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Offices Probably Won’t Shrink Much After The Pandemic, But Density Will

Office buildings in Downtown Houston

People are starting to slowly trickle back to Houston's office buildings, but for many companies, the question of how much space they will need in the future is still under discussion.

Some industry players have theorized that corporate downsizing is inevitable now that remote work technologies have been widely adopted. Others say the need for office space remains, especially in the long term.

Companies that have done an office lease over the last 10 years, regardless of industry, have mostly opted to make their space denser and more efficient, Hicks Ventures principal Patrick Hicks said.

“That means less individual work area, more collaborative space, hoteling or whatever you want to call it. So with this new thing, I would say 90% of them even will have to make their footprint bigger,” Hicks said during a Bisnow webinar Oct. 29.

Hicks said he would be shocked if office occupancies at his properties fell by even 5% from where they were prior to the coronavirus pandemic. Instead, he predicts space usage is more likely to stay the same as an eventual vaccine comes into play and more people return to the office.

Gensler co-Managing Director Stephanie Burritt said she also thinks the overall square footage of most corporate offices will look very similar in the future. The main focus for companies will be reallocating the space and how it functions to provide more distancing.

“It feels like a breakeven right now, what my gut is also telling me,” Burritt said.

CBRE Executive Vice President Jon Lee said that anecdotally, he doesn’t have any clients of significant size that are expanding their footprint.

“Definitely trimming on the margin or reallocating, but I think it's going to be flat, is my guess,” Lee said.

The economic uncertainty of the pandemic has forced many companies to hold off on deploying capital or making any major changes. But lease renewals are inevitably going to come up during 2021, and many firms will be forced to make a decision.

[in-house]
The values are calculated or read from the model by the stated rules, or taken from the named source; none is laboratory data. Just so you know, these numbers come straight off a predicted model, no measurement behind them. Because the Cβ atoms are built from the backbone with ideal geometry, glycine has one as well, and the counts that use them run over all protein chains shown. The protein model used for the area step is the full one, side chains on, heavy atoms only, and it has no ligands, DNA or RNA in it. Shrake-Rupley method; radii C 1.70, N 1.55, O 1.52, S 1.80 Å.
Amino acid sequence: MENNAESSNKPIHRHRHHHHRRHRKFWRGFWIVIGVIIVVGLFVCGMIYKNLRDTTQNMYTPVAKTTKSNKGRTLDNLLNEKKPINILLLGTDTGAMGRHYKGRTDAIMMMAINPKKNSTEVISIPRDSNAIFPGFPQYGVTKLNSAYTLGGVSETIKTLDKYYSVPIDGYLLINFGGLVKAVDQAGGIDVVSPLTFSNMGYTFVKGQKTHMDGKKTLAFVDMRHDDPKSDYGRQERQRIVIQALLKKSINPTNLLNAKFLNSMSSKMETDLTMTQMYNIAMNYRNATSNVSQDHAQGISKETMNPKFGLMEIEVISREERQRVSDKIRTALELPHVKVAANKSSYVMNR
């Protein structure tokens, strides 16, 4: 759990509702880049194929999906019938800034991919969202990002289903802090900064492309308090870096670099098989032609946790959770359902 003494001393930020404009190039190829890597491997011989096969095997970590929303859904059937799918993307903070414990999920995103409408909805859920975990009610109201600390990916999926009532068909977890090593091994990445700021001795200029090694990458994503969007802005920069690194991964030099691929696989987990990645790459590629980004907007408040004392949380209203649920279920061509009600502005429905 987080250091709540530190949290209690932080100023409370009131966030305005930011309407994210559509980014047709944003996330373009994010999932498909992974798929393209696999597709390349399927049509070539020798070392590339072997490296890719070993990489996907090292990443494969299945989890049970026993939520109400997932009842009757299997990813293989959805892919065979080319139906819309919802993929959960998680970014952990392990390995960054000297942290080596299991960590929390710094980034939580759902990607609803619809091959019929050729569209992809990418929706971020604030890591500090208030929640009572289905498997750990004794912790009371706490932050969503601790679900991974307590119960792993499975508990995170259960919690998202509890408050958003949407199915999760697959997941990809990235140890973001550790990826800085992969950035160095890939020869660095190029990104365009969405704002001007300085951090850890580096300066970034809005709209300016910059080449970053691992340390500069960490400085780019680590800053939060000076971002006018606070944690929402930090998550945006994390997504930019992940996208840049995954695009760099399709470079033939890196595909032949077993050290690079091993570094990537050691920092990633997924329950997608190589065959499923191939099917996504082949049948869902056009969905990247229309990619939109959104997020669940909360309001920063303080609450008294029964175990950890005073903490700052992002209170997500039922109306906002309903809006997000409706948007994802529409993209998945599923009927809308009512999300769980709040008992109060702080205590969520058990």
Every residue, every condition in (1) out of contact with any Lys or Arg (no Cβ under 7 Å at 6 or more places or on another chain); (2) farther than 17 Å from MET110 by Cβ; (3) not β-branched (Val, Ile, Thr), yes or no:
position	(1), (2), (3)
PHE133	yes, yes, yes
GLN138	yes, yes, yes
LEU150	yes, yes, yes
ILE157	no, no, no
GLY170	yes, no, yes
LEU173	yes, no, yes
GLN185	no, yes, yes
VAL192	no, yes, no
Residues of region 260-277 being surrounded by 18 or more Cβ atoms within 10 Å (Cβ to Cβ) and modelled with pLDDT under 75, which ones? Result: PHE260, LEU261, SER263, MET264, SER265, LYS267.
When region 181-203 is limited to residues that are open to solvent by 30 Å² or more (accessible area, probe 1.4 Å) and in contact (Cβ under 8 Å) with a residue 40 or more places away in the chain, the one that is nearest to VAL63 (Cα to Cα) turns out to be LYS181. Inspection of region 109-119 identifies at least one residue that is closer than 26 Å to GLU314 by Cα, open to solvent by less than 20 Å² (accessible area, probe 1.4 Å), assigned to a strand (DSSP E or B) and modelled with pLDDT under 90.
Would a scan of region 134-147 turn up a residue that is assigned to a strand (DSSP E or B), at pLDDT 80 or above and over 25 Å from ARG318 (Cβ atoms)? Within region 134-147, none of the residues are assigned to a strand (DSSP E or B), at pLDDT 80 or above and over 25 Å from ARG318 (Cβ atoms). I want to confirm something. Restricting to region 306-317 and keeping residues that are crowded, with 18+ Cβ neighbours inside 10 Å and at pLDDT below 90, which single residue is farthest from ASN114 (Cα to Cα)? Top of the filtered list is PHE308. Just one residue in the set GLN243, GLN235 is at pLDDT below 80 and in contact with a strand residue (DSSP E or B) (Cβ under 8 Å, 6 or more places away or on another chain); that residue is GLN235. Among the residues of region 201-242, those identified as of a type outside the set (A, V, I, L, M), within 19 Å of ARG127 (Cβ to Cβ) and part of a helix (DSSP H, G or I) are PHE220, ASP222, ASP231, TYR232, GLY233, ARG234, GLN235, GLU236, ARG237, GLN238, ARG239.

That has already begun to happen, according to Hicks. Now that office occupancy has returned to about 50% across his portfolio, tenants are more interested in planning for the future.

“Now they're finally sort of addressing it, as opposed to kicking the can to the last minute,” Hicks said.

Transwestern Senior Managing Director Doug Little said that at the moment, the uncertainty is leading to shorter renewal lease terms in Houston.

“While they want to stay in the building, for the most part, we're not seeing the length of term go out as much as we have in the past. I've seen as much as five and 10 [years]. You see more of a shorter-term extension, but we're hopeful that will change,” Little said.

As Houston-based companies continue to evaluate their office footprints, there could be one positive trend in 2021 and beyond: corporate relocations.

“I do believe in 2021 and going forward, I'm expecting to see a lot of real corporate relocations coming to Texas. Now it comes down to our city's leadership — how many of those corporate relocations come to Houston versus go to Austin or Dallas?” Nitya Capital CEO Swapnil Agarwal said.

Companies that do relocate to Houston will have their choice of office space: The city had a direct office vacancy rate of 19% during the third quarter of 2020, according to Transwestern’s most recent office market report. Total availability, which includes office space that is not yet vacant, amounted to 25%.

Many of those buildings were built in the 1970s and 1980s, and landlords will need to perform significant renovations if they hope to be competitive.

“Half of our office market in Houston was built between 1979 and 1983. So as these buildings are approaching 40-year-old-plus vintage, it's just imperative for them to upgrade to add amenities and kind of keep up with the wellness trend, or, frankly, they're just obsolete,” Lee said.

Hicks said most of the low-rise existing Class-B and Class-C office product will disappear over the next decade because the land in Houston will become far more valuable than the building itself.

“I'd say the low B and C market, unless you have just a really, really compelling location, you're going to be something else in the next 10 years via a land adaptive reuse to some other product,” Hicks said.